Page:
Somatic Wisdom:

you only have to let the soft animal of your body love what it loves . . .

~ Mary Oliver

Most people have heard of the right brain / left brain division. The right brain is the creative, non-linear, emotional side and the left brain is the analytical, linear, rational side (more or less). Those of us who have, for better or for worse, been immersed and/or indoctrinated by dominant culture have learned to prefer the left brain. When we try to access our creativity, we often get stuck. The problem is that you can’t use left brained methods to get into right brained modes.

That’s where the body comes in.

Not unlike night-dreams, and how they intervene into our experience, the body and its gestures and symptoms also intervene with their messages. You know, like when you’re having a conversation and you find yourself gesticulating wildly, or that special position you like to sleep in at night with your forearm over your forehead, or your toes sticking out of the covers (or whatever your particular thing is) — if we slow down these gestures, and inquire with humility and curiosity, important and generous meanings often emerge.

Similarly, often symptoms also offer messages.

Often these take longer to understand, and may even constitute an ongoing relationship (you with your symptom). Trying to get rid of your symptom is a pitfall, partly because we live in an imperfect world, and some symptoms are reactions to real systems and structures, but also, this is the real human condition.

Making universal generalizations has been a problematic move historically.

So, I say this with awareness of that fact, but the truth is some things are universal:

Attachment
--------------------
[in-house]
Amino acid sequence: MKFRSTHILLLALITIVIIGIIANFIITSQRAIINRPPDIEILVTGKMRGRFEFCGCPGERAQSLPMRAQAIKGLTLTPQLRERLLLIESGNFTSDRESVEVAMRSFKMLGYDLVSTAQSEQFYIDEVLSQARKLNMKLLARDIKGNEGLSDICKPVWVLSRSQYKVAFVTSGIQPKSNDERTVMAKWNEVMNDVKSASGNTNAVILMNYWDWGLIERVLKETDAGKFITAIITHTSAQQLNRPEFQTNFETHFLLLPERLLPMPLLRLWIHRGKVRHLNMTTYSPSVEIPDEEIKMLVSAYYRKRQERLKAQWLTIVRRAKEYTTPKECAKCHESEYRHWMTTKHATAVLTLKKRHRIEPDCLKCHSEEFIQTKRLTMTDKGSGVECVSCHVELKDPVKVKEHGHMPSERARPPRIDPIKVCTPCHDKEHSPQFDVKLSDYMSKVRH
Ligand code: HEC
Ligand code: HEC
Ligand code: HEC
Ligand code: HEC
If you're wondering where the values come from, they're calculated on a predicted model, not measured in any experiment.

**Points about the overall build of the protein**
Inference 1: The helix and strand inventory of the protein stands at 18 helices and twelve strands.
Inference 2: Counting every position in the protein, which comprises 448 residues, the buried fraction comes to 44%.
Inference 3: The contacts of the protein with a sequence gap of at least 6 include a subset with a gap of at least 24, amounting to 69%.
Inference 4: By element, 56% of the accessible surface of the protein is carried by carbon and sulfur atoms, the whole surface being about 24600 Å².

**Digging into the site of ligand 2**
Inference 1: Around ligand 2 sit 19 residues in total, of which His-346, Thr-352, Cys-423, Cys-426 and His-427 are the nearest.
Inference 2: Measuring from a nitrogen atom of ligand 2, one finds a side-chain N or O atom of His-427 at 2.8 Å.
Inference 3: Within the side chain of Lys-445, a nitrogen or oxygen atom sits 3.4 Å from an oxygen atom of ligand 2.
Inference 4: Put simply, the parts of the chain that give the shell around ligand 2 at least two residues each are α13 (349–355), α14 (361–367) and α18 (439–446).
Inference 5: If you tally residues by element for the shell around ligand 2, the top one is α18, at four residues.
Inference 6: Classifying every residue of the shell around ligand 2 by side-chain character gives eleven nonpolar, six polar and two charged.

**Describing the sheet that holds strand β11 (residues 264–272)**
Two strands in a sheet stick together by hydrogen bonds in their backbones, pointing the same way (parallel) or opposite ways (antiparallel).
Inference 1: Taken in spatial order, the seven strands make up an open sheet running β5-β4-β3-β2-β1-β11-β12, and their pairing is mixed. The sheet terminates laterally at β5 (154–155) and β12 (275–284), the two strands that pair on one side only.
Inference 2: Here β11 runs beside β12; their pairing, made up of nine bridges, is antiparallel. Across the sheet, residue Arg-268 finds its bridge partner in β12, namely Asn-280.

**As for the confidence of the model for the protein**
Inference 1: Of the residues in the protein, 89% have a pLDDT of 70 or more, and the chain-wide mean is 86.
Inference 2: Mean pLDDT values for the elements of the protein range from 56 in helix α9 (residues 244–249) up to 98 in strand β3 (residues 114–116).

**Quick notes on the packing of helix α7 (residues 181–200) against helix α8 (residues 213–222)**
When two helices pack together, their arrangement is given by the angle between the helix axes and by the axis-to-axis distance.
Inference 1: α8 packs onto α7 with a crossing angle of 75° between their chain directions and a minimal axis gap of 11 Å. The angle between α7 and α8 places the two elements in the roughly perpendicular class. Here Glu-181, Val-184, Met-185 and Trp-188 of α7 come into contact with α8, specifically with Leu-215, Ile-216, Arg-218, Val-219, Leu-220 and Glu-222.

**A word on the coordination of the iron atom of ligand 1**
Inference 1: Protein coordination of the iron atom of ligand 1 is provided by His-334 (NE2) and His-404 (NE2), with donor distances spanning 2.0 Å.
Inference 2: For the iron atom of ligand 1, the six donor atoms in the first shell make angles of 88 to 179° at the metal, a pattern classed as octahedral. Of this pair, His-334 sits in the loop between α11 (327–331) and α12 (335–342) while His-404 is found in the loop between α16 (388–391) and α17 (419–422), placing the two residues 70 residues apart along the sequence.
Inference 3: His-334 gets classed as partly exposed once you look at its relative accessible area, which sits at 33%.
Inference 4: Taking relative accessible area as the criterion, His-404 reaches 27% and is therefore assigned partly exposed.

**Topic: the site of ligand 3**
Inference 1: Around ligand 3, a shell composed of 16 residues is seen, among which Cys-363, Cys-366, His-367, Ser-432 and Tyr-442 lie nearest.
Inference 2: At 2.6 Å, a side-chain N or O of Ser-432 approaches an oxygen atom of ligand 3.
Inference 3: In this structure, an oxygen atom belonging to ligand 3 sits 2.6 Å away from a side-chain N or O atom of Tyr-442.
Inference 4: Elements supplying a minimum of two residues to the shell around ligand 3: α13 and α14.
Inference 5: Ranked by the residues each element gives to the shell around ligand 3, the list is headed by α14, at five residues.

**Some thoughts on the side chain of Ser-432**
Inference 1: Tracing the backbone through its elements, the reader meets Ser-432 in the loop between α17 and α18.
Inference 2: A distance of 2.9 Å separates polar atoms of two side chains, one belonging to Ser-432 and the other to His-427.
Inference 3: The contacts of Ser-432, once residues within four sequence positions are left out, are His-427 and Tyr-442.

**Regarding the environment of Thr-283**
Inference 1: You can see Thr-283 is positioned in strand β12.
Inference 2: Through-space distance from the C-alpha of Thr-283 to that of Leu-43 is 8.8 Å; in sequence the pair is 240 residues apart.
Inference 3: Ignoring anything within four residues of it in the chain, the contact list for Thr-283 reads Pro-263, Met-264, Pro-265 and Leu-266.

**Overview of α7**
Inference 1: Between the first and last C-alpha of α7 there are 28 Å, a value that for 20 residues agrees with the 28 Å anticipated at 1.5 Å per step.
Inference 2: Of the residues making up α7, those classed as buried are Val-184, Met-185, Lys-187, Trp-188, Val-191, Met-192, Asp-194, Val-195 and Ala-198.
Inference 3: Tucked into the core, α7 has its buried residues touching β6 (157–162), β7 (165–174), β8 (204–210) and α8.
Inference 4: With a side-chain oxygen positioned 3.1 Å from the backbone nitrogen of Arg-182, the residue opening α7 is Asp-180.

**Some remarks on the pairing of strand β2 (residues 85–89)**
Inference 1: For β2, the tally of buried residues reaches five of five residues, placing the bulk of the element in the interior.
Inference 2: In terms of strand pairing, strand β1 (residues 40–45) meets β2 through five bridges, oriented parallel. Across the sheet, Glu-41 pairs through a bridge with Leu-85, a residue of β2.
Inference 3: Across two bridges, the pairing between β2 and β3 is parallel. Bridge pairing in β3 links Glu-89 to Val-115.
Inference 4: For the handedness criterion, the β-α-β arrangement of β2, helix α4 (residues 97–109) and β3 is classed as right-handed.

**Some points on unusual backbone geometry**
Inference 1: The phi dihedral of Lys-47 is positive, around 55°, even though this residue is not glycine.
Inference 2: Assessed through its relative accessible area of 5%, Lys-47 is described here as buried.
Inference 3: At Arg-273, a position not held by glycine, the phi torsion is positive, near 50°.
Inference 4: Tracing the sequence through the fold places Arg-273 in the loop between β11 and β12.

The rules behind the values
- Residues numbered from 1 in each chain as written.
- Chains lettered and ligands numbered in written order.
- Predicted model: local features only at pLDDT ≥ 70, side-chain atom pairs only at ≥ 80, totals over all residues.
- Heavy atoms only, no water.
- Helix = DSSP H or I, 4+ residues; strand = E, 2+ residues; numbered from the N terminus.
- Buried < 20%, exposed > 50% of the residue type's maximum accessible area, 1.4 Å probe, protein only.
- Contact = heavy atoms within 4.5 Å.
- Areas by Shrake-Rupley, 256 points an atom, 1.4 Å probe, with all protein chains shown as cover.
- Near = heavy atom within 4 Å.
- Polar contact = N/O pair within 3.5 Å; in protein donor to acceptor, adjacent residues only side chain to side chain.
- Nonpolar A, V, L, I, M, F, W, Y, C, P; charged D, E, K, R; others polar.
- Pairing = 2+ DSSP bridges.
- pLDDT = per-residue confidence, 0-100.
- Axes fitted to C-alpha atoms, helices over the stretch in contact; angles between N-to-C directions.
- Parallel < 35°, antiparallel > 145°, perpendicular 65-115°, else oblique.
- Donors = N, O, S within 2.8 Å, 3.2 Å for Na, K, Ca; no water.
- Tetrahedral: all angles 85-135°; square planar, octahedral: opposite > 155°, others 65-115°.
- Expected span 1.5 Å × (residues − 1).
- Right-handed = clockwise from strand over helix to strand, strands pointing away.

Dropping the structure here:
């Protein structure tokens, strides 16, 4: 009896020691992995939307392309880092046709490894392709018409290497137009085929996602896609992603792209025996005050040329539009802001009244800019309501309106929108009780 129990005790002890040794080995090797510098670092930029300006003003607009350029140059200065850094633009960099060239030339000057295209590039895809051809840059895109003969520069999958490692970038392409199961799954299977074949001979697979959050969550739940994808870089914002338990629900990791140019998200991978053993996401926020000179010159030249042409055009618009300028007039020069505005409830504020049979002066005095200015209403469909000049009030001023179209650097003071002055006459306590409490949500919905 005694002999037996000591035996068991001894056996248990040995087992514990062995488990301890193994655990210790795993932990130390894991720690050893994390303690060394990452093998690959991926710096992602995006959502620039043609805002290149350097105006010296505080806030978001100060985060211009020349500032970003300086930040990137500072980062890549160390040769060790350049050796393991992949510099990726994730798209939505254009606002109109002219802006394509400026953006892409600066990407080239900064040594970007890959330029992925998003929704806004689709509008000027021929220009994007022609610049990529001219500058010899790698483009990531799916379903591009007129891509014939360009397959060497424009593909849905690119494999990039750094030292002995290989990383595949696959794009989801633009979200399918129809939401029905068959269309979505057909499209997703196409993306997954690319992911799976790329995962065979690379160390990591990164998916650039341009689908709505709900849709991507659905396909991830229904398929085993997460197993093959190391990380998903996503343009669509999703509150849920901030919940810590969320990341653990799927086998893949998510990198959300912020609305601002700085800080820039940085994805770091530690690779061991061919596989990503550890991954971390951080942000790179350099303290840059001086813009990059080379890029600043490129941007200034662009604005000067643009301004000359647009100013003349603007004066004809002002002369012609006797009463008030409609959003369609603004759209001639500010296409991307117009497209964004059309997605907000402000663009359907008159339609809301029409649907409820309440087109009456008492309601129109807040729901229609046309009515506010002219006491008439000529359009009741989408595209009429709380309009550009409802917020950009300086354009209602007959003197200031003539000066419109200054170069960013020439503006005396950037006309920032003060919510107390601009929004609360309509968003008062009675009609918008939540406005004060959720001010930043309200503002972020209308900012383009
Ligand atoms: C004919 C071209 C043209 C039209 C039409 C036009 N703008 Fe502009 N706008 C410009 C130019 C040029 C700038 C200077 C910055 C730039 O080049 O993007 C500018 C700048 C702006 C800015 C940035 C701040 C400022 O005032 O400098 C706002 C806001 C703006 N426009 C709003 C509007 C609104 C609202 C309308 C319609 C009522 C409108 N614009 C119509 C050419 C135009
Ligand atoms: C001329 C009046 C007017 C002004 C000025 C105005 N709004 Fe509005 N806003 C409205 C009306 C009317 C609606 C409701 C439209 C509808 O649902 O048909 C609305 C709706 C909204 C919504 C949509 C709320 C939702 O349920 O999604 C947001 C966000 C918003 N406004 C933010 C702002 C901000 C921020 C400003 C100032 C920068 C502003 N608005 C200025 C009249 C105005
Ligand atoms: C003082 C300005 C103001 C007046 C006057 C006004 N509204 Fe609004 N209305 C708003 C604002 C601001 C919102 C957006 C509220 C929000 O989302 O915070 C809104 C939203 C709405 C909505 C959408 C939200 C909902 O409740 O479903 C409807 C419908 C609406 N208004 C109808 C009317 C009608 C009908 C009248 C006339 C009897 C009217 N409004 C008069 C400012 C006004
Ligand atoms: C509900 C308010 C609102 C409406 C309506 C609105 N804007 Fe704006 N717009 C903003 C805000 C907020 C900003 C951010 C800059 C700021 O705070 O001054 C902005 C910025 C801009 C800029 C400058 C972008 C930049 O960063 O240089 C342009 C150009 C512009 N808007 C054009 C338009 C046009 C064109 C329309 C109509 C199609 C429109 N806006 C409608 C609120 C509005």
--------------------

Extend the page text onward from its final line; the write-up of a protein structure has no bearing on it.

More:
We all die.

We all breathe.

We all have beating hearts.

We all bleed.

The sun casts a shadow across the earth.

And while I can never say for sure, I have come to witness that at least some somatic gestures and symptoms are at least very close to archetypal universals.

For example, looking is an archetypal motion, fight and/or flight are archetypal defensive motions, bringing hands together is often an archetypal integrative-healing motion. If we can know something about these motions, we can identify which is which and amplify them as they make themselves known through the cracks in our somatic awareness. Then we can begin to hear their messages.

We try to get to creativity through thinking and trying, but the body is the portal to creativity.

An after-affect / bonus is that after you amplify and hear your symptoms, you unlock your creativity. There is a pitfall though – villainizing thinking. IF we lived in a culture that over-emphasized the right-brain, and therefore over-emphasized the body and we would need challenge ourselves to start thinking more in order to recover balance. Ideally, we have a balance between thinking and feeling, like day-dreaming and night-dreaming, like life and death. Please don’t misunderstand me as saying that rational thinking is bad; it’s that we need to amplify the body and right-brain thinking to balance our thinking with our now weakened creative powers.

A big part of myth mending is working with the somatic wisdom of the body as if it were a dream.

You’ve probably heard of the linguistic phenomenon of the Freudian slip; well, there’s a somatic equivalent. In process work it’s called a double signal, or a crack. It’s when you think or say one thing, but you really act or feel another way. This is the core of passive aggressiveness – when someone is acting nice and politely, but they are inadvertently leaking subtle (and sometimes not so subtle) gestures of hostility. We hear their words, but we feel their unconscious somatic messages as well. It can be very confusing. Instead of just noticing and maybe judging someone (maybe ourselves) as passive aggressive, we can begin to listen to the gestures that are emerging sometimes in the smallest way and receive important guidance from them. Myth Mending incorporates this knowing so that we can increase the efficiency of our transformative practice. If we rely on just what someone says, we lose many opportunities. Myth Mending does this very gently and I will never confront you in a way that is shaming. We look together with curiosity and compassion.